10 October 2006

Our Leaders' Successful Policies in Regard to North Korea is Nothing Less than Explosive

For dummies, here it is in a simple nutshell. Hint: Yet another failed policy of this administration. (Its successes can be counted on one hand and they're questionable: accretion of poer/weakening of the system of government and upward transfer of power.)

But I digress:
* * * As Glenn Kessler writes in the Washington Post this morning, North Korea's latest actions "may well be regarded as a failure of the Bush administration's nuclear nonproliferation policy." That's an understatement, a point Kessler makes plain as he lays out the relevant history:

"When Bush became president in 2000, Pyongyang's reactor was frozen under a 1994 agreement with the United States. Clinton administration officials thought they were so close to a deal limiting North Korean missiles that in the days before he left office, Bill Clinton seriously considered making the first visit to Pyongyang by a U.S. president. But conservatives had long been deeply skeptical of the deal freezing North Korea's program -- known as the Agreed Framework -- in part because it called for building two light-water nuclear reactors (largely funded by the Japanese and South Koreans). When then-Secretary of State Colin L. Powell publicly said in early 2001 that he favored continuing Clinton's approach, Bush rebuked him."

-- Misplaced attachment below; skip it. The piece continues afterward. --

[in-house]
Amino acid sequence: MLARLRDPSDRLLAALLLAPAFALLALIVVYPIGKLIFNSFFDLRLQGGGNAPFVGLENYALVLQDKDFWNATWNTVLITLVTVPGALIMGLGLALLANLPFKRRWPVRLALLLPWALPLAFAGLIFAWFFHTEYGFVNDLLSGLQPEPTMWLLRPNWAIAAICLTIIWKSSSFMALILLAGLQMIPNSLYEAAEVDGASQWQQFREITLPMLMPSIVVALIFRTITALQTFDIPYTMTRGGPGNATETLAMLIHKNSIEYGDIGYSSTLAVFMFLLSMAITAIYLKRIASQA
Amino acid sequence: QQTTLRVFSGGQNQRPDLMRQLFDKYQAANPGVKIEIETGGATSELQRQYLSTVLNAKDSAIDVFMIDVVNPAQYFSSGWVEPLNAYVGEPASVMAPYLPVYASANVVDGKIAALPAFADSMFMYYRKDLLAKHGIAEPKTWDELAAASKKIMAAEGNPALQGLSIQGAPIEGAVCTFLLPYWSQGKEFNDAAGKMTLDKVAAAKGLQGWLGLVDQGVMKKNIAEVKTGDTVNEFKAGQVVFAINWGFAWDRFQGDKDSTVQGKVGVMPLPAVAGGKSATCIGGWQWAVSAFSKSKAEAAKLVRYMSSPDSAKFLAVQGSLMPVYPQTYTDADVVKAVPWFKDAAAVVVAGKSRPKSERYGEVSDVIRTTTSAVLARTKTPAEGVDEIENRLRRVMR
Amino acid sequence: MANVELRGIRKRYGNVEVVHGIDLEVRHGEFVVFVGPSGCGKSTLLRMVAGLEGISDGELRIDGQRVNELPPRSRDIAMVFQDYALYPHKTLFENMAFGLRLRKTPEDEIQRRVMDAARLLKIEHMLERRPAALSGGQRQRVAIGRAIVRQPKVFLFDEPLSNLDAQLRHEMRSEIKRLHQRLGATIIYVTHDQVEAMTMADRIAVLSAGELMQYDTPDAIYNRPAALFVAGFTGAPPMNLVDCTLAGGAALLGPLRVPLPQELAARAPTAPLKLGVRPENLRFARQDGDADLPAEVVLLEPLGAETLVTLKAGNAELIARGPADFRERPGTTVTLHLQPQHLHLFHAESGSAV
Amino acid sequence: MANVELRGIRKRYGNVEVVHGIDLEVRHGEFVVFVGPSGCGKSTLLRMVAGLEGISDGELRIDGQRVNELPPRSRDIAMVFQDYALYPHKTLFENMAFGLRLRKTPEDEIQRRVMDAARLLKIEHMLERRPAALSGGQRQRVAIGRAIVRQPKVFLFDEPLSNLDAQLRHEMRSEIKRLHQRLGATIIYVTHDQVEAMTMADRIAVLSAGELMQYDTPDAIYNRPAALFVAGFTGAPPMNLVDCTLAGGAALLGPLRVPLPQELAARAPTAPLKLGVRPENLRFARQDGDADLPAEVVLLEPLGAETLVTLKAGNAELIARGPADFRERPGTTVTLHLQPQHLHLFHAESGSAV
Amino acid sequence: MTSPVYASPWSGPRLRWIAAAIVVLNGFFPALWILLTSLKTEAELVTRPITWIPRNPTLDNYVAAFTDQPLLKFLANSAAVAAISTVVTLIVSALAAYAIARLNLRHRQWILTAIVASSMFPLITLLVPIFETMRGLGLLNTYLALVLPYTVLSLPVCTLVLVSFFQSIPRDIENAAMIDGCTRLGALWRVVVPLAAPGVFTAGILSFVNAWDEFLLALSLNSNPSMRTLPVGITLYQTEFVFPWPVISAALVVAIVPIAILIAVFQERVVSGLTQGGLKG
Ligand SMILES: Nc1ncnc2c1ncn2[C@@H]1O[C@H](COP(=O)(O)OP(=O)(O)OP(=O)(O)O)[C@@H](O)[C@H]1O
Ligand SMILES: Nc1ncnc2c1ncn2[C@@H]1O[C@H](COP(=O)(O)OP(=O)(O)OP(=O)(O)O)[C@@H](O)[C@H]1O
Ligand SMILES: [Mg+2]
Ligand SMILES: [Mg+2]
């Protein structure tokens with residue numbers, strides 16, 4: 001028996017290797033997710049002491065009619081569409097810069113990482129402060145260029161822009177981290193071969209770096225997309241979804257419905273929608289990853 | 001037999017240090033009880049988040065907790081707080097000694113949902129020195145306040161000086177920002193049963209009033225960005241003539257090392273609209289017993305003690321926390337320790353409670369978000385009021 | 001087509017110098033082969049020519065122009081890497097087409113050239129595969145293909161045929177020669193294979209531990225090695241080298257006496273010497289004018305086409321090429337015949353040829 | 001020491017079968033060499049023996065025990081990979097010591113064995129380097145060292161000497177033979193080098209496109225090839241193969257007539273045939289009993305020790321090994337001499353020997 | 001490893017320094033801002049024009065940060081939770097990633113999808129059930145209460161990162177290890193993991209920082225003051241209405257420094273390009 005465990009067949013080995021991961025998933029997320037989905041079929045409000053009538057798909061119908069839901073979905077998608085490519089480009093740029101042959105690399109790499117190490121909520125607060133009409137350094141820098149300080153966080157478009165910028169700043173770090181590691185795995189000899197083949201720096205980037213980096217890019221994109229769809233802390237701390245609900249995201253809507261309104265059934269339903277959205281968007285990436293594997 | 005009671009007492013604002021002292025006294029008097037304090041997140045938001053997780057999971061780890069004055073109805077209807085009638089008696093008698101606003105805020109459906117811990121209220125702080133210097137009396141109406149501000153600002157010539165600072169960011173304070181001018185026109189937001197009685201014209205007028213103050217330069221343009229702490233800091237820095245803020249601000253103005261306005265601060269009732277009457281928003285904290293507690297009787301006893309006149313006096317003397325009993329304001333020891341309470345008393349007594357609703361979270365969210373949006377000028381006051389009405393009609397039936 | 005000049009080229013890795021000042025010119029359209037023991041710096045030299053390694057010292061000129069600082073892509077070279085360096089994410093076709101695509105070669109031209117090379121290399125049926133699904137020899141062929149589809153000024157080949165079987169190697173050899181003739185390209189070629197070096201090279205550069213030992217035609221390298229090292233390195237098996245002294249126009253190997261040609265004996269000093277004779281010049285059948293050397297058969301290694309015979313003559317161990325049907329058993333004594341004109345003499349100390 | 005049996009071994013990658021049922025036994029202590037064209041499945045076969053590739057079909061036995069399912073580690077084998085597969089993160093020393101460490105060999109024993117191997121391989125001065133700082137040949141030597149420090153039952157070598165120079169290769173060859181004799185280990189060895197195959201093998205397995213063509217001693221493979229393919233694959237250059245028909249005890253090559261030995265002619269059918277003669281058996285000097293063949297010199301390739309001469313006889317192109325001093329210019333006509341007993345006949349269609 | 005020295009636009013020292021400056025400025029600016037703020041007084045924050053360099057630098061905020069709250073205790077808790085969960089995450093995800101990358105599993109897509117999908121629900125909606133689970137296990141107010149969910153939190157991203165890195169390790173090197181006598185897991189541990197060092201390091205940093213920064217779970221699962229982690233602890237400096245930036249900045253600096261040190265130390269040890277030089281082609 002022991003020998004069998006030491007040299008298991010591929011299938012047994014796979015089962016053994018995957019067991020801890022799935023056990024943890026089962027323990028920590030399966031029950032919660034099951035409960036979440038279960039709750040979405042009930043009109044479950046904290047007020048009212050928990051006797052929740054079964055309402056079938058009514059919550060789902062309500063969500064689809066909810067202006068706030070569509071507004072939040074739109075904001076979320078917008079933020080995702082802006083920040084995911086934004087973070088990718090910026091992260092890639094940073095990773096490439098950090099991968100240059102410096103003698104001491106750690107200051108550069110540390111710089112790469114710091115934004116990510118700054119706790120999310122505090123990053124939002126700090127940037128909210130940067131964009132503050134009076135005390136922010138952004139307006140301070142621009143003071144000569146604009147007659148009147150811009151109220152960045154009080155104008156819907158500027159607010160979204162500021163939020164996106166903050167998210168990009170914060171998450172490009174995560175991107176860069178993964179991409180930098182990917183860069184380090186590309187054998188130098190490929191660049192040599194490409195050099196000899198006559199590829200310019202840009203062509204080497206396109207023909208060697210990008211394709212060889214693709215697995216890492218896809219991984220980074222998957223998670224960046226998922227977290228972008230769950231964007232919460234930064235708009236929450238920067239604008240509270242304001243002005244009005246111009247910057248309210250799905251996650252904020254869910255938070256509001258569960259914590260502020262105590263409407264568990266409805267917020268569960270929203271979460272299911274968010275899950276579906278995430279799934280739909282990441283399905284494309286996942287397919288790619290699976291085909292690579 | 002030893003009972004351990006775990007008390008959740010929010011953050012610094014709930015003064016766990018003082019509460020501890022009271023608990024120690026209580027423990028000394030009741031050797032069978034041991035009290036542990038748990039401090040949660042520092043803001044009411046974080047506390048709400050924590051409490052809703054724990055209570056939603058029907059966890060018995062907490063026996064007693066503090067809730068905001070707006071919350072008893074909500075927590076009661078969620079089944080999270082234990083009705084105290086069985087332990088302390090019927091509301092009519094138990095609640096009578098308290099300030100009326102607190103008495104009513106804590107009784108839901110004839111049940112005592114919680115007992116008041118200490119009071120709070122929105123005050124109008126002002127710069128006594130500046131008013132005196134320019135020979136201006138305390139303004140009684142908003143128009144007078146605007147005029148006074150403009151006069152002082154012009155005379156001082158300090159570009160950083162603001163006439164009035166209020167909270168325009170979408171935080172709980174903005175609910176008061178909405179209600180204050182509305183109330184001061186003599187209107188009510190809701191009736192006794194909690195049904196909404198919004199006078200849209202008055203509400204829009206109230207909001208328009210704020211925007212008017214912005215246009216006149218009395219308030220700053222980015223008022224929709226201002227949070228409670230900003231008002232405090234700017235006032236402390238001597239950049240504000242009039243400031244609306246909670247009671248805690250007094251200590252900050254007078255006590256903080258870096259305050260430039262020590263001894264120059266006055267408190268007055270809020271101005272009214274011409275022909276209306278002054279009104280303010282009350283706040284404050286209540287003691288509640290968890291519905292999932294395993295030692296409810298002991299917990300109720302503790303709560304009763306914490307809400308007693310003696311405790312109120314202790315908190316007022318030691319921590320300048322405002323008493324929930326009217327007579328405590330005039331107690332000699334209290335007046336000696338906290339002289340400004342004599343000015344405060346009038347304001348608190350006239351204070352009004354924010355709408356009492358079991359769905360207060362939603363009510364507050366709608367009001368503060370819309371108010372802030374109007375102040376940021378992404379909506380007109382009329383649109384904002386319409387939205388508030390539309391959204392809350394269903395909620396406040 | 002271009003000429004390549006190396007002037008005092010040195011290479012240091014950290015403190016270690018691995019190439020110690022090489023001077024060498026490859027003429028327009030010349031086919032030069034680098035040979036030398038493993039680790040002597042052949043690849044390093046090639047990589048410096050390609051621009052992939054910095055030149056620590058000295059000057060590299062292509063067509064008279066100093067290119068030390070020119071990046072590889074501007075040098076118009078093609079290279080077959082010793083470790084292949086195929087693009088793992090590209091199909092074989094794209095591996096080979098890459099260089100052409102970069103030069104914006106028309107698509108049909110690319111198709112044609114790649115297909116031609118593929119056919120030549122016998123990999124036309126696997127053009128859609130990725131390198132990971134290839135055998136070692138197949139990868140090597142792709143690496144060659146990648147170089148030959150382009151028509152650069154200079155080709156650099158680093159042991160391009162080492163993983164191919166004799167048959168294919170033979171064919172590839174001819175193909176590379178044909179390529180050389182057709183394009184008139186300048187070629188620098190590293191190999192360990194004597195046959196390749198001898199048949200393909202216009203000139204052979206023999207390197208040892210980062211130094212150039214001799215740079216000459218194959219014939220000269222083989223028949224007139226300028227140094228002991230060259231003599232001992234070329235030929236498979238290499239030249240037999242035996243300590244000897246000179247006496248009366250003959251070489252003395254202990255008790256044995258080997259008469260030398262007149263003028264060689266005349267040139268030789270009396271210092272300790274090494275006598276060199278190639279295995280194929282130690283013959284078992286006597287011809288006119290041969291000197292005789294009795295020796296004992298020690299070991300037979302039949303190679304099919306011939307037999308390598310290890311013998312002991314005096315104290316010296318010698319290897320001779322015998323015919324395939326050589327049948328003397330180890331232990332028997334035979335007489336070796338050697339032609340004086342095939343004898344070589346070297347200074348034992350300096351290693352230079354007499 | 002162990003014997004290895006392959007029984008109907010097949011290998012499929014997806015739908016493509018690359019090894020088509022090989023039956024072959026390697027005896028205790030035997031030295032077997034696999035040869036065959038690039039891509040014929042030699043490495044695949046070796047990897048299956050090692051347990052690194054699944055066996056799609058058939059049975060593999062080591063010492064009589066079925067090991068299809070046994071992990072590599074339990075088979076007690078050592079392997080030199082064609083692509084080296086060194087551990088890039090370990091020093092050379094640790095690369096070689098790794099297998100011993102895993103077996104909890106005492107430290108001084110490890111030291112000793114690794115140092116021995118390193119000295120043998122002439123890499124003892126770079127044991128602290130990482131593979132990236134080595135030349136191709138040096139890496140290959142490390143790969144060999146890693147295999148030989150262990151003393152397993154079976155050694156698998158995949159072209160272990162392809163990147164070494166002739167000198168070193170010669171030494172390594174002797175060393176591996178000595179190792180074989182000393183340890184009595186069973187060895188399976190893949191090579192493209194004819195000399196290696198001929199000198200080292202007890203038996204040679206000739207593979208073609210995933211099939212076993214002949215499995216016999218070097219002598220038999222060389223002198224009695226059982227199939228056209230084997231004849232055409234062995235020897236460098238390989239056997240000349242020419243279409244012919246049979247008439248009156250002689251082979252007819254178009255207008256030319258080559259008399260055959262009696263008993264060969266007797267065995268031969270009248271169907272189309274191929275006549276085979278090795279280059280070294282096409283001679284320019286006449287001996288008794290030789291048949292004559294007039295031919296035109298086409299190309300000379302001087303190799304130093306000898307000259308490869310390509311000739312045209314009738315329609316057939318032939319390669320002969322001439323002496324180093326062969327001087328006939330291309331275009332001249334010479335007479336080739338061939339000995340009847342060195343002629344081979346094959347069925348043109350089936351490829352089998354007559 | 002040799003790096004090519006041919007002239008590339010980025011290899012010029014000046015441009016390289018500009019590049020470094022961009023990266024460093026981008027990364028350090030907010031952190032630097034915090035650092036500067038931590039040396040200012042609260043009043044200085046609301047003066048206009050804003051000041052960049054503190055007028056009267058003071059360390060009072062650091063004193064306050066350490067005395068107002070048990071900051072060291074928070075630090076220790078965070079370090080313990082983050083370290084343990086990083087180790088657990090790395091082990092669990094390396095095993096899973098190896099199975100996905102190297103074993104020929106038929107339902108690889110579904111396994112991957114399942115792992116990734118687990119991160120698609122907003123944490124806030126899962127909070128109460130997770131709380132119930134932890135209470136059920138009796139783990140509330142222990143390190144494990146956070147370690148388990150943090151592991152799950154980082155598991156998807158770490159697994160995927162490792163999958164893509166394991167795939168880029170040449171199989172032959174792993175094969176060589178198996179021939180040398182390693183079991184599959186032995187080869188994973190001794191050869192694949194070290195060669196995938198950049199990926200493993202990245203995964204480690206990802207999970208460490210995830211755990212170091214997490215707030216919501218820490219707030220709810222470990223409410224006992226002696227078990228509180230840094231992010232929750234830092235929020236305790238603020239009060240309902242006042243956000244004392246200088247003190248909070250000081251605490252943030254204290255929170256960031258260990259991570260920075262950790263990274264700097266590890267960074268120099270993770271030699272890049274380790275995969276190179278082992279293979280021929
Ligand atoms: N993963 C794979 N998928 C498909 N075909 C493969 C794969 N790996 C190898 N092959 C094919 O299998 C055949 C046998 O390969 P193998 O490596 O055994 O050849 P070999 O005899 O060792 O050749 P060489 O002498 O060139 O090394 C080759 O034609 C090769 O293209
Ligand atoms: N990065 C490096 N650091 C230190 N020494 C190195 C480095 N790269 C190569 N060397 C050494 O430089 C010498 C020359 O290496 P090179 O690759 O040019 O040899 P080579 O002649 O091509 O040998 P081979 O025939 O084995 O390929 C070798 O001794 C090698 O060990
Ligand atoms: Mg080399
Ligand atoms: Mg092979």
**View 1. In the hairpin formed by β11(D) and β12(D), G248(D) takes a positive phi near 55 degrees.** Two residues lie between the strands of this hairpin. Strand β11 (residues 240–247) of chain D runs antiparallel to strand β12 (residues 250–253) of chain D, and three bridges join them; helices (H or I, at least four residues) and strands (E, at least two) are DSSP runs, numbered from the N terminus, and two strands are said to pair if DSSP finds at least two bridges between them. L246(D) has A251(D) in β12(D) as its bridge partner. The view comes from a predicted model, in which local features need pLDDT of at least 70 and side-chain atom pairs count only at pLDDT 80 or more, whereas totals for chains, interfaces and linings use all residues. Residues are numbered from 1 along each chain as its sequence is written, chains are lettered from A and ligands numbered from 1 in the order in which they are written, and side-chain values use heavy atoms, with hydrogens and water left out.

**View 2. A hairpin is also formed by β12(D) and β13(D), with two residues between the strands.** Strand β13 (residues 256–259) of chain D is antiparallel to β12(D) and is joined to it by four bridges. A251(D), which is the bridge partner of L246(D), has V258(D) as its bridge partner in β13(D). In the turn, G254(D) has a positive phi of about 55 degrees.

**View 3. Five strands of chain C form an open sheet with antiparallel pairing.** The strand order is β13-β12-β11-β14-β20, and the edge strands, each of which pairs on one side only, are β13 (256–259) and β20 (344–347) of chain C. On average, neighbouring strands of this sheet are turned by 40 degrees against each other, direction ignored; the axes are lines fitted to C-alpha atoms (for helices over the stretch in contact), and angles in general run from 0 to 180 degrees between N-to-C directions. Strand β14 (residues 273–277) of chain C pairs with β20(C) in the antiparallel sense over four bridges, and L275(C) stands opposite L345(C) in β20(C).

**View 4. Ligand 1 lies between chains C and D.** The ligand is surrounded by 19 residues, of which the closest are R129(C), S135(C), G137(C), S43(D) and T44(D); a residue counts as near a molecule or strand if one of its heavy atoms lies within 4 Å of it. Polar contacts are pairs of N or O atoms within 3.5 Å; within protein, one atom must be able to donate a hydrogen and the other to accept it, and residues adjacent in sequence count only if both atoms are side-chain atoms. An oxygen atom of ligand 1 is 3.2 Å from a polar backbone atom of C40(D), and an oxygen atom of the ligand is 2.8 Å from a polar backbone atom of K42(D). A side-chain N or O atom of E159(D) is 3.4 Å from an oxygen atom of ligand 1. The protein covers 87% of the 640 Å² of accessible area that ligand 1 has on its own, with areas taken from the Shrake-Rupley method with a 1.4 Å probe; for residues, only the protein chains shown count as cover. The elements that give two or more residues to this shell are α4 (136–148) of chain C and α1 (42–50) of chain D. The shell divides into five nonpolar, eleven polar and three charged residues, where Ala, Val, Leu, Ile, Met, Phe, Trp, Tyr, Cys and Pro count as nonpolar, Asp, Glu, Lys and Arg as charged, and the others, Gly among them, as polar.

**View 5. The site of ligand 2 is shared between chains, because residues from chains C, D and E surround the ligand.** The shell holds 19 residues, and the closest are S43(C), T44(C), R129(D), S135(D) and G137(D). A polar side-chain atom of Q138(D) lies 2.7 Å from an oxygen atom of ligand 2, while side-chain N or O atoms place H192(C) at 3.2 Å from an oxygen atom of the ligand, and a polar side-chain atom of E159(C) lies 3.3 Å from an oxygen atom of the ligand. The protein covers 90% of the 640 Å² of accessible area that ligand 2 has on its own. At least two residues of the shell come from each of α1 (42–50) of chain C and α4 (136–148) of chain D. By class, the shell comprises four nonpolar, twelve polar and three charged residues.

That's just the beginning of the story; if anyone needs a primer on how we got to where we are today, Kessler's piece is as good as any.


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